Ultra-Rare ‘Giant Phantom Jellyfish’ Observed Deep in the Ocean

In November of this year researchers from the Monterey Bay Aquarium Research Institute (MBARI) observed an ultra-rare “giant phantom” jellyfish. The giant phantom jelly, which is on display in the video below, is quite stunning. Even though it couldn’t actually stun you as its—30-foot-long—”mouth arms” are just there to trap prey rather than sting them.

MBARI recently posted the video of the giant phantom jellyfish to its YouTube channel. The research institute notes researchers were exploring the ocean off the coast of Monterey Bay, California using a remote-operated submarine when they eyed the creature. The submarine came across the aquatic alien at about 3,200 feet below sea level.

“This ghostly giant is a rare sight,” MBARI notes in the video’s description. “The bell of this deep-sea denizen is more than [3.3 feet] across and trails four ribbon-like oral (or mouth) arms that can grow more than [33 feet] in length.”

A giant phantom jelly swimming through the dark depths of Monterey Bay.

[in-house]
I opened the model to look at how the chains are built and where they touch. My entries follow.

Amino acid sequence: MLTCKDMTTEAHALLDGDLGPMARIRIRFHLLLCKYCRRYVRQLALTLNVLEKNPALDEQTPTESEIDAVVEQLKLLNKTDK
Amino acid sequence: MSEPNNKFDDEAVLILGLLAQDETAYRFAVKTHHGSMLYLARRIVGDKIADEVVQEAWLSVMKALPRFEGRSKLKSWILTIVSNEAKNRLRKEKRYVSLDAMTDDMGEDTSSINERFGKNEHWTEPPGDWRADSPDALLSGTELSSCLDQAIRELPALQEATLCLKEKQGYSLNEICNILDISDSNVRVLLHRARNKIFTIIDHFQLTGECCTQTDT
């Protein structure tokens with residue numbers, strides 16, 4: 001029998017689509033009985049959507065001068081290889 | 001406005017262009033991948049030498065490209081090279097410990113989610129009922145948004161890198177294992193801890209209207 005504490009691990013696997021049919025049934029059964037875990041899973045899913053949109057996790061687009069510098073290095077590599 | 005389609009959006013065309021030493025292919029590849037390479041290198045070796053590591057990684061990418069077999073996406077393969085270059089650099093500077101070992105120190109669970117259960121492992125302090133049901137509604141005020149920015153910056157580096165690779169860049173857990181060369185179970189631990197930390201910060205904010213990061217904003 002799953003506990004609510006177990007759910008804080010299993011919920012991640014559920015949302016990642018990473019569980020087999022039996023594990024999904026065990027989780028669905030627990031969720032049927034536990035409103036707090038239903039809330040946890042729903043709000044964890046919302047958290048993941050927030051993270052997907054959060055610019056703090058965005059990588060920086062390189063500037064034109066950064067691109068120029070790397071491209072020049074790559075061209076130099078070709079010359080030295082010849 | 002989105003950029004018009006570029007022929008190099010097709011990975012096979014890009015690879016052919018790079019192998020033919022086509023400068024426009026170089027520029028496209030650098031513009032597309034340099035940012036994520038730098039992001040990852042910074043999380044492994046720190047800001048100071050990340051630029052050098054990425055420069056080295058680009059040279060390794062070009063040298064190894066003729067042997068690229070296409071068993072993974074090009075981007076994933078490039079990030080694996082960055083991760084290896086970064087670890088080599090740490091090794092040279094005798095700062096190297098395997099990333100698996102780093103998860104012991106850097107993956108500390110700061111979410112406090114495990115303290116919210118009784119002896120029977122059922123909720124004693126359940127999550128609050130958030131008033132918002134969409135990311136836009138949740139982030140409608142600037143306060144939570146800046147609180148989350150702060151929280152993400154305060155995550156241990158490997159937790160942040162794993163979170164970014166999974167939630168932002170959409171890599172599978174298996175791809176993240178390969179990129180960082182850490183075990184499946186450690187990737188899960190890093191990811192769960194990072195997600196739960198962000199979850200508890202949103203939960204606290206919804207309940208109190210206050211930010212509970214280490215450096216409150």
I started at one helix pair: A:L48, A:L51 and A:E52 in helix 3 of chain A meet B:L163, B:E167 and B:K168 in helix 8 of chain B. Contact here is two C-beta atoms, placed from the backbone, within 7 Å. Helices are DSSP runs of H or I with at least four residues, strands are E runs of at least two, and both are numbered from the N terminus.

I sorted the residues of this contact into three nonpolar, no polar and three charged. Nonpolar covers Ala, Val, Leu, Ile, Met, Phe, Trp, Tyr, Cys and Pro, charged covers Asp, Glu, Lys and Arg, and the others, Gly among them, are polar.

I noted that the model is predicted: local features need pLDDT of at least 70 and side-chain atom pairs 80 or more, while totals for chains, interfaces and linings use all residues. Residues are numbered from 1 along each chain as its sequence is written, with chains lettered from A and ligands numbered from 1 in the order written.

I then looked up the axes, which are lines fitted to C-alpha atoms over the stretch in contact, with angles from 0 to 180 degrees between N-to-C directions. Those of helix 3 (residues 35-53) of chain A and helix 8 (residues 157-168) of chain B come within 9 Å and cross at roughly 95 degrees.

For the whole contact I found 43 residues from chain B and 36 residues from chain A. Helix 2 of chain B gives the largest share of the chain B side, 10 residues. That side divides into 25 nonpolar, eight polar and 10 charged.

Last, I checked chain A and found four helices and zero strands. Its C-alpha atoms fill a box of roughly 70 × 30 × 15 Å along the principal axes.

Aside from its incredible size, the giant phantom jellyfish—or Stygiomedusa gigantea—also has a bizarre, mesmerizing aesthetic and way of moving. Even relative to other weird deep-sea jellies we’ve seen before. (And there have been a lot of those.) Its bulbous bell (a.k.a. its umbrella-like head) appears to glow like a dimly lit orange gum drop. And from above, the creature looks like an undulating top hat surrounded by four flowing scarves.

Speaking of which, the giant phantom jelly uses its “mouth arms” to entrap prey and subsequently reel them up into its mouth. Which is not uncommon at all for jellyfish, but, again, look at this thing. The fear factor alone probably kills off prey before they land in the jellyfish’s mouth. Which, incidentally, is also its anus!

A giant phantom jelly swimming through the dark depths of Monterey Bay.

As for rarity the giant phantom jelly is basically the Sasquatch of the sea. Kind of. Explorers have spotted the ghostly jelly before, but only 110 times in the last 100 years. This sparse record of observation is especially strange considering the jelly’s near worldwide distribution. Which really makes us wonder: Where are these things hiding all the time? And are we sure they aren’t preparing for an invasion?

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